Further details have been revealed about the experiment with two additional assistant referees to take place in this season's UEFA Europa League group stage.
The draw for the UEFA Europa League group stage was held in Monaco on Friday, and all 144 group games will be officiated by six match officials. In an experiment which has been endorsed by football's lawmakers, the International Football Association Board (IFAB), the customary four-man team of referee, two assistant referees and fourth official will be supplemented with two additional assistant referees who will take up positions alongside each goal.
At its 123rd annual general meeting in Newcastle, Northern Ireland, on 28 February, the IFAB, composed of representatives from the four British football associations and FIFA, gave its consent for the experiment initiated in selected UEFA European Under-19 Championship qualifying tournaments in 2008 to continue at professional level. The choice of the new UEFA Europa League as the competition for this next phase was confirmed in May.
Two extra pairs of eyes
"In essence," a joint statement by world football body FIFA and UEFA said on Friday, "the additional assistant referees will provide two extra pairs of eyes to monitor the game and ensure that the Laws of the Game are upheld, informing the referee of incidents of any kind that he may otherwise have missed, particularly in key areas of the field like the penalty area and its surroundings. The referee will remain in sole charge of the match and the only match official with decision-making powers."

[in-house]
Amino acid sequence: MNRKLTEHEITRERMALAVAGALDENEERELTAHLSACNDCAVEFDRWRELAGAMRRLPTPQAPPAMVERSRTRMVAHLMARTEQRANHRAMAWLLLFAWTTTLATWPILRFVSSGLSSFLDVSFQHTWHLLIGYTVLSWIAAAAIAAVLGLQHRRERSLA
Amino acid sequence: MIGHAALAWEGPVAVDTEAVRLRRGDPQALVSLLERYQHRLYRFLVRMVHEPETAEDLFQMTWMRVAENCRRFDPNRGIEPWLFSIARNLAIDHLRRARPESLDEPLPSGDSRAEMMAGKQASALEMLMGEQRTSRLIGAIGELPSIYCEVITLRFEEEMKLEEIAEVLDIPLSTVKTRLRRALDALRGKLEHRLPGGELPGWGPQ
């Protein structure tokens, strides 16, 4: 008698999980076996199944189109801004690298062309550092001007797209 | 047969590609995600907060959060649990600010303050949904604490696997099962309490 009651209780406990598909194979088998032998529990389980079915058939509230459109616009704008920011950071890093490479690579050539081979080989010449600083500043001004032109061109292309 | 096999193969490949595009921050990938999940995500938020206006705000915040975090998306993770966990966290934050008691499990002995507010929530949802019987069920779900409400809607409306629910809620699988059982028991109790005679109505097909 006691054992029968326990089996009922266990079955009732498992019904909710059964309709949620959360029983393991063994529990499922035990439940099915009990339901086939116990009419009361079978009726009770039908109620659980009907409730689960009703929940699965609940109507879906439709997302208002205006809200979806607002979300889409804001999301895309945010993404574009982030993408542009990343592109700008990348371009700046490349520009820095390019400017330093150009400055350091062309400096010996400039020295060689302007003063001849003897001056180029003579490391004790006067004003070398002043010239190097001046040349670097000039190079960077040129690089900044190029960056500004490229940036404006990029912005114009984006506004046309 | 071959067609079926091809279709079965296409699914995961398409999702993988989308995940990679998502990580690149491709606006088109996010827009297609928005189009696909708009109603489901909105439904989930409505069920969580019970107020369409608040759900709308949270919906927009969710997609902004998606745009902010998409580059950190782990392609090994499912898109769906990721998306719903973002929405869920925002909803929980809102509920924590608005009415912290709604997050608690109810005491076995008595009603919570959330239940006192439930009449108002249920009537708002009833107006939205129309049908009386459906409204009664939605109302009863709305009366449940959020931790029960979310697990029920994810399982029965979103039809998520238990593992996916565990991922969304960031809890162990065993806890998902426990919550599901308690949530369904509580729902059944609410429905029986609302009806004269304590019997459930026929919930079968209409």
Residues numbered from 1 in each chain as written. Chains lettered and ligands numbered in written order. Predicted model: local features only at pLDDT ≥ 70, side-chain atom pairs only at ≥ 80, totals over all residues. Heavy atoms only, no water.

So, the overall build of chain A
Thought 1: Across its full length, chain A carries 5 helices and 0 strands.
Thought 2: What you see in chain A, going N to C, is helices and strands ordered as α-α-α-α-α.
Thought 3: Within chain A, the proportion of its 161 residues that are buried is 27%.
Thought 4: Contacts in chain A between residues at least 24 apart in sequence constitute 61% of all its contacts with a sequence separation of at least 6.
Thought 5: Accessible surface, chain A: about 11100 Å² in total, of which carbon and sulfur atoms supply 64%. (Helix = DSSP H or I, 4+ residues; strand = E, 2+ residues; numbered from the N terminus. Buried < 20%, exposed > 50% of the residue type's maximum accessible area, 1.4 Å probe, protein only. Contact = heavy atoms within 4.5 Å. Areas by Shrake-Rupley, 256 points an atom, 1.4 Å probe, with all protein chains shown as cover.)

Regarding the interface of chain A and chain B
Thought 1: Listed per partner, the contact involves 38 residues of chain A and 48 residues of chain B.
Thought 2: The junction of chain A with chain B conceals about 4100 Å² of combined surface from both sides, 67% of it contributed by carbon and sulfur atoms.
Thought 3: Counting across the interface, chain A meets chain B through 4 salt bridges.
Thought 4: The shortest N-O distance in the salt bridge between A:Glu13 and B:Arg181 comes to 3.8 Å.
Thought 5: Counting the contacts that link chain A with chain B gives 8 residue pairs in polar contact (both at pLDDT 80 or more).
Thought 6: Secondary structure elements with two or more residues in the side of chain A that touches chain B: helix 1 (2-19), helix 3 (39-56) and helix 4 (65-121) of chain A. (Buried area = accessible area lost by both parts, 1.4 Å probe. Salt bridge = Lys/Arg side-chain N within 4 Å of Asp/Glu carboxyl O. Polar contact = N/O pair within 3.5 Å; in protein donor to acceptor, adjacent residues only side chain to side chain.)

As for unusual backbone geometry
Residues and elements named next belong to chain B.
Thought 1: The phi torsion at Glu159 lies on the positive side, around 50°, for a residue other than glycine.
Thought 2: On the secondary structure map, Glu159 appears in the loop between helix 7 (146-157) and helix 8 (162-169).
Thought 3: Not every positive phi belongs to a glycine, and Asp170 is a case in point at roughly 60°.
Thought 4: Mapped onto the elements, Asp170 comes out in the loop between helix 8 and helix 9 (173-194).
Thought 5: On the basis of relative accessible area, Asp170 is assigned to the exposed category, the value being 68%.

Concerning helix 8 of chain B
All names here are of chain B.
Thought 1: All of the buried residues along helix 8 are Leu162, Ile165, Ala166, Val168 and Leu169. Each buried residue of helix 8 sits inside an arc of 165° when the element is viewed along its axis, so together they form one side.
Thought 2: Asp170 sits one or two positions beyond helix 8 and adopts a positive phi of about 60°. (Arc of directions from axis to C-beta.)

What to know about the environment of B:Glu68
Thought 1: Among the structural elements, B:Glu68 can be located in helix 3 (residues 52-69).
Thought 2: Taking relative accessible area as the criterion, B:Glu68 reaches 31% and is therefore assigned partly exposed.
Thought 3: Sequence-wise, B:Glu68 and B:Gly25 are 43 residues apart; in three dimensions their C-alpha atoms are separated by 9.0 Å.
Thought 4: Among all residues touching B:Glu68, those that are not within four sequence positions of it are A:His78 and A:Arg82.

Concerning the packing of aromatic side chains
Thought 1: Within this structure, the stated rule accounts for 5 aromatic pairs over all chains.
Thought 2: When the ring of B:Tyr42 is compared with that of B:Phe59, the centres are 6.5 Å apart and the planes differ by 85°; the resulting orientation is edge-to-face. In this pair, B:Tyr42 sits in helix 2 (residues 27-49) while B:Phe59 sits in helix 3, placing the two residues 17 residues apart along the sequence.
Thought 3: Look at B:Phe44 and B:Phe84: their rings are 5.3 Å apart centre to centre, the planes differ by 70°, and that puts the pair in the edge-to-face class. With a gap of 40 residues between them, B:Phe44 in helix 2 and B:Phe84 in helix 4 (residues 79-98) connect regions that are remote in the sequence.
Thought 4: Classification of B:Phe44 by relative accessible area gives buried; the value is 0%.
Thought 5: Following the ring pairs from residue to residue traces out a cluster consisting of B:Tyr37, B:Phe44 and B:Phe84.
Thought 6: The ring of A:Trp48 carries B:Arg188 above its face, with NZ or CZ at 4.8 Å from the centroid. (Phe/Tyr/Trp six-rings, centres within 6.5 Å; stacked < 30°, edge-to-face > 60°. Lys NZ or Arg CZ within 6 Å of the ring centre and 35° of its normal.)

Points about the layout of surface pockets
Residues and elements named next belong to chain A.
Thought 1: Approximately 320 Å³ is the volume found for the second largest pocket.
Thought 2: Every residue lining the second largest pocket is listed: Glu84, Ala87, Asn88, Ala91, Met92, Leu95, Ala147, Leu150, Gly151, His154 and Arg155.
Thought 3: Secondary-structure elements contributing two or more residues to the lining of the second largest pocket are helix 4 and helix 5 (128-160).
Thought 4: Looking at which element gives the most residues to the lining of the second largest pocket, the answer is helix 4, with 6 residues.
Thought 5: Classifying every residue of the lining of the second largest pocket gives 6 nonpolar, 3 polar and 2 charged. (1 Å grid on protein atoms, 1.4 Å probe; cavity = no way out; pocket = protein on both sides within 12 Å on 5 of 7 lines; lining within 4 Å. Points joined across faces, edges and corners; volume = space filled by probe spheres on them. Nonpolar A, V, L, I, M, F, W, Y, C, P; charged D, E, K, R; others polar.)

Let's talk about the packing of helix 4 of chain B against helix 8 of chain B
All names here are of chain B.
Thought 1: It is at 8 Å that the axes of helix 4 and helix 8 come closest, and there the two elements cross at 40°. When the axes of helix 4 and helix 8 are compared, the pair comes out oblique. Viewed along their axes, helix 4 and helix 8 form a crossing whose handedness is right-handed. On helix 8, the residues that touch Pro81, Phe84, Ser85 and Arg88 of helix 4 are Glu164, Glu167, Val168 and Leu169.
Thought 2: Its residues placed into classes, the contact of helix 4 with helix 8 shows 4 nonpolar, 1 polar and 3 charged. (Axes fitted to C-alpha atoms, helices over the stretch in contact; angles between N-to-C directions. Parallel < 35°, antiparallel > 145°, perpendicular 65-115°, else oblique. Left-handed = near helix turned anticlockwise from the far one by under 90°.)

Radio communication system
"The additional assistant referees will be positioned on the opposite side of the goal from the assistant referee – to the left when viewed from the centre circle. Using a radio communication system to relay their recommendations to the referee but without flags, additional assistant referees will generally remain behind the goalline but may enter the penalty area when play moves towards the other end of the pitch so as to keep up with the action.
"Given the potentially crucial importance of their interventions on the course of a game," the statement continued, "referees from FIFA's current international list or the highest category at national level (who were aged under 45 on 1 January 2009) will fill the additional assistant referee role. In keeping with existing policy, they will share the same nationality as the four other members of the UEFA Europa League refereeing team to which they are appointed."
A briefing for referees and referee observers was held at UEFA's headquarters in Nyon, Switzerland, this week under the auspices of the guardians of the Laws of the Game, the IFAB. The 48 referees and 48 observers appointed for the 2009/10 UEFA Europa League group stage were given extensive instructions and guidelines by refereeing instructors in preparation for the launch of the experiment when group matches kick off on 17 September.
"Technical experts appointed by the IFAB will monitor developments throughout in order to assess the impact the two additional assistant referees have on the game and to determine whether they enhance the officials' control of the match," the statement concluded. "The conclusions will later be presented to the IFAB for consideration."
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